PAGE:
New Nursing Home Cases Continue To Tick Up In Midwest States; 275% Increase In The Region Since September
Calls Continue For Congress To Replenish Emergency Funding For Hospitals And Long Term Care Facilities And For States To Take Additional Measures To Control Community Spread
The American Health Care Association and National Center for Assisted Living (AHCA/NCAL), representing more than 14,000 nursing homes and assisted living communities across the country that provide care to approximately five million people each year, released a report today showing nursing homes in the U.S. continue to see a record number of weekly new cases this month due to the community spread among the general population, surpassing previous peaks since the Centers for Medicare & Medicaid Services (CMS) started tracking cases in nursing homes.
Recent data released by Johns Hopkins University and the Centers for Medicare & Medicaid Services (CMS) show that with the recent spike in new COVID cases in the general U.S. population, weekly nursing home cases are also on the rise. According to Johns Hopkins University, weekly new COVID cases in the general U.S. population rose by 229 percent to 796,761 new cases the week of November 8. A correlating uptick in new cases in nursing homes occurred when cases in the surrounding community started rising back in mid-September.
As experts have repeatedly noted, COVID-19 cases in a surrounding community is a top factor in outbreaks in nursing homes. University of Chicago’s Tamara Konetzka, a nationally recognized expert on long-term care, recently said, “Trying to protect nursing home residents without controlling community spread is a losing battle.” Dr. David Grabowski, professor of Health Care Policy, Harvard Medical School recently stated, “The strongest predictor of whether or not we’ll see cases in [a particular setting] is community spread.”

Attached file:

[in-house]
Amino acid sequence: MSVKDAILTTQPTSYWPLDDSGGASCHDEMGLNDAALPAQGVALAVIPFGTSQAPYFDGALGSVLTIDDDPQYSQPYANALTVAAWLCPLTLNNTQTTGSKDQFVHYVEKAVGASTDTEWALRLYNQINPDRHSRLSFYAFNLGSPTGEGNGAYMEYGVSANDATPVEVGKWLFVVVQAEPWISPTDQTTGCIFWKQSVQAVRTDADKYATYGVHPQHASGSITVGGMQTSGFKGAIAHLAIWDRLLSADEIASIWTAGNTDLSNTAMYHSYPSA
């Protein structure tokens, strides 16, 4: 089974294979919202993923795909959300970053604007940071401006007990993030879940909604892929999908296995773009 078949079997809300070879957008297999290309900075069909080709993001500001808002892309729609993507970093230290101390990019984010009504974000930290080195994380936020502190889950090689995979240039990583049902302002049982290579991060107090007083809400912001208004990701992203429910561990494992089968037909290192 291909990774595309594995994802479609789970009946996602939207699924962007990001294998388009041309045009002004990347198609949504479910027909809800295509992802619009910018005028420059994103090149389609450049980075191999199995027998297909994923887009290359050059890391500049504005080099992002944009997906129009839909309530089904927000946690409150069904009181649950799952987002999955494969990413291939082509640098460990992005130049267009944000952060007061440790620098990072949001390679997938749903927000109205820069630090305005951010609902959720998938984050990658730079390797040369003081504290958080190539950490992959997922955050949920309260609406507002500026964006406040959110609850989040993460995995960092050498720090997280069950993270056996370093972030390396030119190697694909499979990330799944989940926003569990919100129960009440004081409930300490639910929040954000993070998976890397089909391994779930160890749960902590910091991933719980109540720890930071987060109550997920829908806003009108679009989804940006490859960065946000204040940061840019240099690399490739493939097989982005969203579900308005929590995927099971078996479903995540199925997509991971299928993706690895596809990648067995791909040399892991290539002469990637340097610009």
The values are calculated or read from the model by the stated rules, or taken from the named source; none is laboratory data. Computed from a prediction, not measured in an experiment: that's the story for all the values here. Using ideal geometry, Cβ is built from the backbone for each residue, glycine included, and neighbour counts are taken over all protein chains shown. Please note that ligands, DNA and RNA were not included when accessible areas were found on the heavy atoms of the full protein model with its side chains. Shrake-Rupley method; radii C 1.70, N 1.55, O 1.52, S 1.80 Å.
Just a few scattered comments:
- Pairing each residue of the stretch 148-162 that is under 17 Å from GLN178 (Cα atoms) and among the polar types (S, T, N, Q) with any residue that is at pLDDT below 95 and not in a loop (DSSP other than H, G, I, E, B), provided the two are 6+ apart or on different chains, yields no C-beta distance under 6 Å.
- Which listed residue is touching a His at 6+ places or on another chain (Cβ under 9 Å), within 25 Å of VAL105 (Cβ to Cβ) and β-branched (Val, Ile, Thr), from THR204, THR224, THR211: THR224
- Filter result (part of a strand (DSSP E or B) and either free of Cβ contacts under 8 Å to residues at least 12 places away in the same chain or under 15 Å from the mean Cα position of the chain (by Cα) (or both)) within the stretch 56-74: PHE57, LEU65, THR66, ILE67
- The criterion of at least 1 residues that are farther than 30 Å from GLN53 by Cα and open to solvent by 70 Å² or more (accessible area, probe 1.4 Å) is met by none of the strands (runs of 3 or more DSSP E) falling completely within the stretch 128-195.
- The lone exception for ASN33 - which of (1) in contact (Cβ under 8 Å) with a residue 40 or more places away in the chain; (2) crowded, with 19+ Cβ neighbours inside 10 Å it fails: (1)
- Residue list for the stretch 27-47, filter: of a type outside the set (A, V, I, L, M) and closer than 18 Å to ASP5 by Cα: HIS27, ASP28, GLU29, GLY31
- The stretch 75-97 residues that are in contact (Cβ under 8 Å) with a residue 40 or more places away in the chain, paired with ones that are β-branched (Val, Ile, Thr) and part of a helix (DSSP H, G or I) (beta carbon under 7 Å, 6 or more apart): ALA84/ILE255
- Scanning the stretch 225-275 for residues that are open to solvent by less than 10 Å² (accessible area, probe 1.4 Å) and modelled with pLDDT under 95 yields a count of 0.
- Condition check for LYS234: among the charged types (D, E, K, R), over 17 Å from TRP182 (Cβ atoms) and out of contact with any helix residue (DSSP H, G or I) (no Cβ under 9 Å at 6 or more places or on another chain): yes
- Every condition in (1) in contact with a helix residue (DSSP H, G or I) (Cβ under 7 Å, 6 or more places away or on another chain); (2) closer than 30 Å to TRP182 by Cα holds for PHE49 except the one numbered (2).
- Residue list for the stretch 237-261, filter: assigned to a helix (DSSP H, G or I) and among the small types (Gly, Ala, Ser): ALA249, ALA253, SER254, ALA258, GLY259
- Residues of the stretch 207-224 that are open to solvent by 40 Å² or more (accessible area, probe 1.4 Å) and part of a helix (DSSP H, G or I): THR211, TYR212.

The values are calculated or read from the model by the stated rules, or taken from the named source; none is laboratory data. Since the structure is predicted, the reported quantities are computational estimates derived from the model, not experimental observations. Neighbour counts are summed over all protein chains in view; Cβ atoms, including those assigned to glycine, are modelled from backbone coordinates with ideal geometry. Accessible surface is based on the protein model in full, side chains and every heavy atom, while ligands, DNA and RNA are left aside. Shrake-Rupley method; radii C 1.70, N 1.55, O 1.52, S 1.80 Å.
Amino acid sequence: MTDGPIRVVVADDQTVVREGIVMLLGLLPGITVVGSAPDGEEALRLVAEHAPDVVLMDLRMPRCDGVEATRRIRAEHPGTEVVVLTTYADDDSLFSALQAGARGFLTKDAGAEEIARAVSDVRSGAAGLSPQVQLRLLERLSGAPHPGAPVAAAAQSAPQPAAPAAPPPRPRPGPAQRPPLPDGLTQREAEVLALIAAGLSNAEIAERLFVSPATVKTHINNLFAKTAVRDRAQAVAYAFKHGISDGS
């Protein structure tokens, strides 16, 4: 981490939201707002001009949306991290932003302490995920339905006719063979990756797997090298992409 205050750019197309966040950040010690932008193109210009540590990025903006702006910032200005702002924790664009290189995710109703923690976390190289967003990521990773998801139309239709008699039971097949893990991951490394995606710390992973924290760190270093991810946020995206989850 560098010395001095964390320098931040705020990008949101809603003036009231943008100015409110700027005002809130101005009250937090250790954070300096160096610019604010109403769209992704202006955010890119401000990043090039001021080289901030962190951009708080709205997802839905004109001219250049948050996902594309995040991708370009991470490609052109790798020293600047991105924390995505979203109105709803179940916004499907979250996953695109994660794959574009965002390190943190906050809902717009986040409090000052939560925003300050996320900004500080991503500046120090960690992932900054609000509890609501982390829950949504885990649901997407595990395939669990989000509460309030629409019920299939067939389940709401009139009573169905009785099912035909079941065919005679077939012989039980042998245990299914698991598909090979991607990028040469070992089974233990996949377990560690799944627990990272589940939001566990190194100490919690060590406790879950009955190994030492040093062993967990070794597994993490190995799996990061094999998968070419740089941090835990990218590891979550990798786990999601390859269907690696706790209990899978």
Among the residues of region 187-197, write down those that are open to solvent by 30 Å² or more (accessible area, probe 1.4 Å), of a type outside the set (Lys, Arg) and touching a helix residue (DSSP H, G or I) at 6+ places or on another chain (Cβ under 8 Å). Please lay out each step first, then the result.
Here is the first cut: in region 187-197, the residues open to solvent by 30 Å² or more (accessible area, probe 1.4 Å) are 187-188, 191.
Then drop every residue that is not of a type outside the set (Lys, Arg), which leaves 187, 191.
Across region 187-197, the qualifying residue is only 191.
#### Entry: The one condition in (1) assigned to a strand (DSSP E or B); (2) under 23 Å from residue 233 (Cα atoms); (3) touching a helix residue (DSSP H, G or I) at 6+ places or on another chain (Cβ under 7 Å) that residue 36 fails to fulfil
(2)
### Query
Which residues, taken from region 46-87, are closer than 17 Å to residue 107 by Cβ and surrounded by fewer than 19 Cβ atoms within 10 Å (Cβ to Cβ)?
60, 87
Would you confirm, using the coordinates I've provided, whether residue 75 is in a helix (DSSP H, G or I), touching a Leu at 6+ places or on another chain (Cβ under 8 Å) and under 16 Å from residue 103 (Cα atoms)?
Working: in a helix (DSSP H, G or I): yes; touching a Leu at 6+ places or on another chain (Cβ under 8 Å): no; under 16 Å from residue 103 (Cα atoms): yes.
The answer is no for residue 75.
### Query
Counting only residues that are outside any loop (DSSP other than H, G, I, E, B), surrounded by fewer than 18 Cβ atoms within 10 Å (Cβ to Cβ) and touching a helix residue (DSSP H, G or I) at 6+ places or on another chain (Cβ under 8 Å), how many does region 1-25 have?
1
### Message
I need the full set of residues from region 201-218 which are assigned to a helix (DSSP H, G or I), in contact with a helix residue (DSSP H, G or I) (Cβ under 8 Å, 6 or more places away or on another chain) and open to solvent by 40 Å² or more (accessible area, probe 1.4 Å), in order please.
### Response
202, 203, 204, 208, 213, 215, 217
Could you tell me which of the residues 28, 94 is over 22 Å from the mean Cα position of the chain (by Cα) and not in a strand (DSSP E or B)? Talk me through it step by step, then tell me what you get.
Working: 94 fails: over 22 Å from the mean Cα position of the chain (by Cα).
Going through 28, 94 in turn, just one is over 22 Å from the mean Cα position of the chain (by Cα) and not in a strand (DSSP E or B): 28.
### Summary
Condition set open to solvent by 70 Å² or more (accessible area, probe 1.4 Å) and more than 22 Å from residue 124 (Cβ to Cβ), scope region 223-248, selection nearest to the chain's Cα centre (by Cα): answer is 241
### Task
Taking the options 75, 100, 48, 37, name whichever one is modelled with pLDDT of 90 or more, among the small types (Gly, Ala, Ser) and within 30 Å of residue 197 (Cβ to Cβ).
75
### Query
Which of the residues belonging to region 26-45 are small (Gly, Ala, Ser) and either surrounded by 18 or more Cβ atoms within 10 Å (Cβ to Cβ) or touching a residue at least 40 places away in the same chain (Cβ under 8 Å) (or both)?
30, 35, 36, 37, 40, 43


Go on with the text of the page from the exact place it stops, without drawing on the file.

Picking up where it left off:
“Our worst fears have come true as COVID runs rampant among the general population, and long term care facilities are powerless to fully prevent it from entering due to its asymptomatic and pre-symptomatic spread,” stated Mark Parkinson, President and CEO of AHCA/NCAL. “Our health care heroes are doing everything they can to prevent it from spreading further, but this level of COVID nationwide puts serious strain on our workforce, supplies, and testing capacity. If everybody would wear a mask and social distance to reduce the level of COVID in the community, we know we would dramatically reduce these rates in long term care facilities.”
During the second week of November, nearly half (49 percent) of new COVID cases in nursing homes were from Midwest states with major spikes in community spread in the upper parts of the region. As a result, the Midwest region saw a 275 percent increase in weekly COVID cases in nursing homes since mid-September.
After seven weeks of declining cases in nursing homes through mid-September, nursing home cases began to increase as nearly all 50 states have started to see rising levels of COVID cases. New weekly cases in nursing homes grew by more than 110 percent nationwide between mid-September and the week of November 8.The report also showed COVID-related deaths in nursing homes are starting to rise, 69 percent increase since late September. Nursing home residents are typically older adults with multiple chronic conditions, making them most vulnerable to COVID-19. Residents of long term care facilities account for only eight percent of the nation’s cases, yet 40 percent of its deaths. While mortality rates have decreased compared to the spring due to a better understanding of the virus, better treatments, and government resources to help reduce spread, industry leaders remain deeply concerned that the rising number of new COVID cases in facilities will ultimately lead to an increasing number of deaths.